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Passing pickets… that CPSU strike is causing cognitive dissonance at the Seanad… February 26, 2009

Posted by WorldbyStorm in Irish Politics, Trade Unions.

Some might have noticed a short piece in the Irish Times reporting from the Seanad debates of the previous day on the Civil, Public and Services Union picket on government buildings, including Leinster House, today.

A wide range of opinions were on show according to the Seanad record, from Independent Senator Joe O’Toole who said:

I note the CPSU will engage in industrial action on Thursday which will mean there will be a picket at the gates of the House. Obviously, it will not prevent Members of the Oireachtas from conducting their business under the Constitution. However, Members of the Oireachtas should show solidarity with those people who oil the wheels of business in this House. I will certainly not pass the picket on Thursday and I would like to hear the Leader’s view on that. I understand there will be a picket outside the gates of the House from 10 a.m. to 7 p.m. on Thursday.

He was joined by Pearse Doherty of Sinn Féin who noted that:

The sitting on Thursday does not deal with any legislation. It deals with statements on the Middle East, which is something we can do after 6 o’clock this evening. I am asking the Leader not to force people to have to make a choice to pass a public sector picket on the gates of this House. That should not be a choice asked of Members of the House or of members of unions in this House.

And step forward an unlikely tribune of a risen people…

Senator Jerry Buttimer [Fine Gael]: I will finish by confirming that I will not pass the picket next Thursday.

An Cathaoirleach: Please, Senator.

Senator Jerry Buttimer: I will stand in solidarity with the ordinary people of Ireland——

An Cathaoirleach: I call Senator MacSharry. I ask Senator Buttimer to resume his seat.

Senator Jerry Buttimer: ——who want leadership.

Bloody hell. Following on from that PJ Stone interview last night on Six One News there’s some strange alliances being formed.

More predictably, perhaps was the contribution of Ronan Mullen, Independent Senator with a very Christian Catholic tinge to his platform…. and perhaps (in the corporatist sense) to his comments…

While I acknowledge that Senator O’Toole and others feel a need to pay their union dues, so to speak————it would be a bad precedent if we were to refuse to pass some pickets while, every other day, we come in and leave other people picketing at the gate. We have a job to do and we sympathise with people in their concerns————but we do not think that striking is appropriate.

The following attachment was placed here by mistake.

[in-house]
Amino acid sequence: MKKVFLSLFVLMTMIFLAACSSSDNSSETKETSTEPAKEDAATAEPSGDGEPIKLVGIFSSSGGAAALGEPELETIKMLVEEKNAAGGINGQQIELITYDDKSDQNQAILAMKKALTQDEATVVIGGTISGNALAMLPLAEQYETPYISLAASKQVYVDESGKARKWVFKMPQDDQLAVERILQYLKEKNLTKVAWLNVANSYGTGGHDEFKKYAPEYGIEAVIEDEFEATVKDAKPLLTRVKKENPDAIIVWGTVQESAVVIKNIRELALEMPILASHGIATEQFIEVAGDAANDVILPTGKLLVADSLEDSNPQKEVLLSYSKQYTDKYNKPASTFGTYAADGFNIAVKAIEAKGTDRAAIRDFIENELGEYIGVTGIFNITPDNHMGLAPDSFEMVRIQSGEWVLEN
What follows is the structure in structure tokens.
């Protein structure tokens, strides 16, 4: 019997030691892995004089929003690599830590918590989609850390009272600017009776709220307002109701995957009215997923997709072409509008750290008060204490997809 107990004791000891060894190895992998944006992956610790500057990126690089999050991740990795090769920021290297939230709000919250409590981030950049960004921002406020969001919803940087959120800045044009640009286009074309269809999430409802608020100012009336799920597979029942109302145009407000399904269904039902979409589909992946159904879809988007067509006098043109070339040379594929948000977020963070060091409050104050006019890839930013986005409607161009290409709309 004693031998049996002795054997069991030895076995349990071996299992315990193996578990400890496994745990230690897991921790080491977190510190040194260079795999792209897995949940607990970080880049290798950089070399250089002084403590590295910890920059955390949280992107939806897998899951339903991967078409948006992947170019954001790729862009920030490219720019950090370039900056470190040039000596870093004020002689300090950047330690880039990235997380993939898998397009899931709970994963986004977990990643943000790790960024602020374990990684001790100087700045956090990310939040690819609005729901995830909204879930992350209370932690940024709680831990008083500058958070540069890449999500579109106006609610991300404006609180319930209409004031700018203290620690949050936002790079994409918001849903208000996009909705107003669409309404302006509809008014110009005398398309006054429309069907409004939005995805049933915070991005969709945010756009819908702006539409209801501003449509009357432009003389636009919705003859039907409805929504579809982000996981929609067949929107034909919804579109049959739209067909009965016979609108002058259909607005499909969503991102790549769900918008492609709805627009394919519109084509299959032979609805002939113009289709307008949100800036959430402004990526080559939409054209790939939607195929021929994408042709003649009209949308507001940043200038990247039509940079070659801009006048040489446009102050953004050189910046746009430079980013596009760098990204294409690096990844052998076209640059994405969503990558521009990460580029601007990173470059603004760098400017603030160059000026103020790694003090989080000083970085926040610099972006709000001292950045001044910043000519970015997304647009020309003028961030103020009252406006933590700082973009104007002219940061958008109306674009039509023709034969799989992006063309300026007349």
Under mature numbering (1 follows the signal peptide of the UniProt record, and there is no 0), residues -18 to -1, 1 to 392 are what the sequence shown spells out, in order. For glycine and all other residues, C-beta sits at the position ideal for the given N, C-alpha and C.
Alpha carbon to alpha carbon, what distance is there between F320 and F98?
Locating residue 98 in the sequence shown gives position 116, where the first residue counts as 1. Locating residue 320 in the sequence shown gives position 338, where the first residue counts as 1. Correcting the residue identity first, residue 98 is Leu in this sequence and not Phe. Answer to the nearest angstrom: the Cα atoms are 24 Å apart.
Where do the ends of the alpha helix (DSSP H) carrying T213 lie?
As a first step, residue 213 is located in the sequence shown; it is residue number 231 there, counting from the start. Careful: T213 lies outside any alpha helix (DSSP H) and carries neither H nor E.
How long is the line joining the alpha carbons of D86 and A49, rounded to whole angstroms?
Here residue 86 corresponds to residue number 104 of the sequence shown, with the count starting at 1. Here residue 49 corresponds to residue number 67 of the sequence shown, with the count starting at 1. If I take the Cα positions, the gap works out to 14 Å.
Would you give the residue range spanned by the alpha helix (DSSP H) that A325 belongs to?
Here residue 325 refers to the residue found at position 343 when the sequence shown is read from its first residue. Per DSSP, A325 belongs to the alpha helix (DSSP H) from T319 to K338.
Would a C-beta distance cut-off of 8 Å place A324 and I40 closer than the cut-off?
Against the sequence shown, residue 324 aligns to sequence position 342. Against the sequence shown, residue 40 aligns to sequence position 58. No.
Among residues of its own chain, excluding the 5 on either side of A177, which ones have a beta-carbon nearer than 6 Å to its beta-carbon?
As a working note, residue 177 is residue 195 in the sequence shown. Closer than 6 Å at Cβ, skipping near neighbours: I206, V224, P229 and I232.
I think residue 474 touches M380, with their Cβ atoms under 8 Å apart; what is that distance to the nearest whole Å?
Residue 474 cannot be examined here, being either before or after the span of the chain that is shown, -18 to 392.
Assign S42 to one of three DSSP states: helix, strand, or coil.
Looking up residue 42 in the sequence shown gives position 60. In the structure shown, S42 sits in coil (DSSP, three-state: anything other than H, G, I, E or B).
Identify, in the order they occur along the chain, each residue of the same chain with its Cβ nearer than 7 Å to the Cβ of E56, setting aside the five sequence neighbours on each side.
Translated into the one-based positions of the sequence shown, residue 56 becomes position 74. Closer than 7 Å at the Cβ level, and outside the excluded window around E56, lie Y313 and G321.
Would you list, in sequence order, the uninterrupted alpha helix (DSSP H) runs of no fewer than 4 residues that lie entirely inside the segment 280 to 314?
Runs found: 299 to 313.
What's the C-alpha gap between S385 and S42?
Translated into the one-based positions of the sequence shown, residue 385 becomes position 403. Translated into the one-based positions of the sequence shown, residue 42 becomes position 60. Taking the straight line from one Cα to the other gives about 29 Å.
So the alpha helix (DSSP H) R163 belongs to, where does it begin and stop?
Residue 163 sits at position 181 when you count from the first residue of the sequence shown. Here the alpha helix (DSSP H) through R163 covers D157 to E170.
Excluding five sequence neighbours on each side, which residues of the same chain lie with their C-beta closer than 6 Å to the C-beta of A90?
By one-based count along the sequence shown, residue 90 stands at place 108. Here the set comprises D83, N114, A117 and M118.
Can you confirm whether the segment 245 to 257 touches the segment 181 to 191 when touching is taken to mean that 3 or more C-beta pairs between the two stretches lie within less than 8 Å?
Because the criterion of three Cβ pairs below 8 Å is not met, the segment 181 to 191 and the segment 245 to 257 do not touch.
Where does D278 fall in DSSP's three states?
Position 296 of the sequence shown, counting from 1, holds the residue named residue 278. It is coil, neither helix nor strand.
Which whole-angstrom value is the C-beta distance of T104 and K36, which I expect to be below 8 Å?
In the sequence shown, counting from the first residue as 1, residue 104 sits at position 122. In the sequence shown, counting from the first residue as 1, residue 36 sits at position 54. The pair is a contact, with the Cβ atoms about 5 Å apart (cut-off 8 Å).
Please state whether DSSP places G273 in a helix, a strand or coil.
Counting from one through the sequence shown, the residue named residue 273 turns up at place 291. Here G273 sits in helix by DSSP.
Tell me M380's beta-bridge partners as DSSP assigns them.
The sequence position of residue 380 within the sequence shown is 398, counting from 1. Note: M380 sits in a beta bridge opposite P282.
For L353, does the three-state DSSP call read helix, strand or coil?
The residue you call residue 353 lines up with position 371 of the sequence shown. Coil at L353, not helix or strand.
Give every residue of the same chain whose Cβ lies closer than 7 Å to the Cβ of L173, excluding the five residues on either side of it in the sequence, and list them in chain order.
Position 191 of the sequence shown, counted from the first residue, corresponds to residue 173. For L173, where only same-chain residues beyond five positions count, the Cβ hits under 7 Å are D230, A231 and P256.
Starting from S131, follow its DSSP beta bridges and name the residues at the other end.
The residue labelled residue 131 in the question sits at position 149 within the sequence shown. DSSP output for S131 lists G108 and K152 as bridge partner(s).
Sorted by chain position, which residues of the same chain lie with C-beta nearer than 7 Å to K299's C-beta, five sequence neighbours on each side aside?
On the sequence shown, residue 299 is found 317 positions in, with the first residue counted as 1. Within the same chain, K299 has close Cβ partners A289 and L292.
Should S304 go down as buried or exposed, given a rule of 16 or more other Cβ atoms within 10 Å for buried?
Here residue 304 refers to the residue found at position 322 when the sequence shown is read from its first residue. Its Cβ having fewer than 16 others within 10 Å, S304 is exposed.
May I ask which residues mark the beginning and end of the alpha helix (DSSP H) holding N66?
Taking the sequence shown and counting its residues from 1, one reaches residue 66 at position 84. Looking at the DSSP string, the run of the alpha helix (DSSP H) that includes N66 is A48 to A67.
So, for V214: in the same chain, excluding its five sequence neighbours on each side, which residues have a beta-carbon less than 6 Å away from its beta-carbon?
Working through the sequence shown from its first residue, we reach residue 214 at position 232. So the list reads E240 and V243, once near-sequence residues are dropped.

While the usually dependable David Norris argued that although:

I respect my colleague, Senator O’Toole, and his decision not to pass the picket line… I will pass it. Last Saturday, I marched in solidarity with the ushers and other officials of the House, but I am paid by the taxpayer to attend and try to address subjects. God knows, we do not meet so often that we could afford to waste one day. I will be in attendance and, while I hope that I will not need to pass the picket line, it will be the first picket line that I will have ever passed. It is what I am paid to do. In this serious situation, it would not be proper for me in all good conscience to stay outside the House.

And from other Senators? Perhaps those of the left? Why not a word… at least not one I could see. Odd that…

Meanwhile I’m told on good authority that this ‘industrial action’ is causing a certain degree of heartache for government representatives whose very place of work will be picketed today. I’m also told that the unions onsite are experiencing a bit of cognitive dissonance. For those unaware of such matters while there are CPSU members in Leinster House, SIPTU is also onsite (as well as a number of members of smaller unions) and since SIPTU and ICTU are not involved the line is that SIPTU members can ‘report to work as normal… but cannot do any work done normally by CPSU members’. I’m also told that word went out that IR legislation only covers those who have balloted and followed the necessary processes.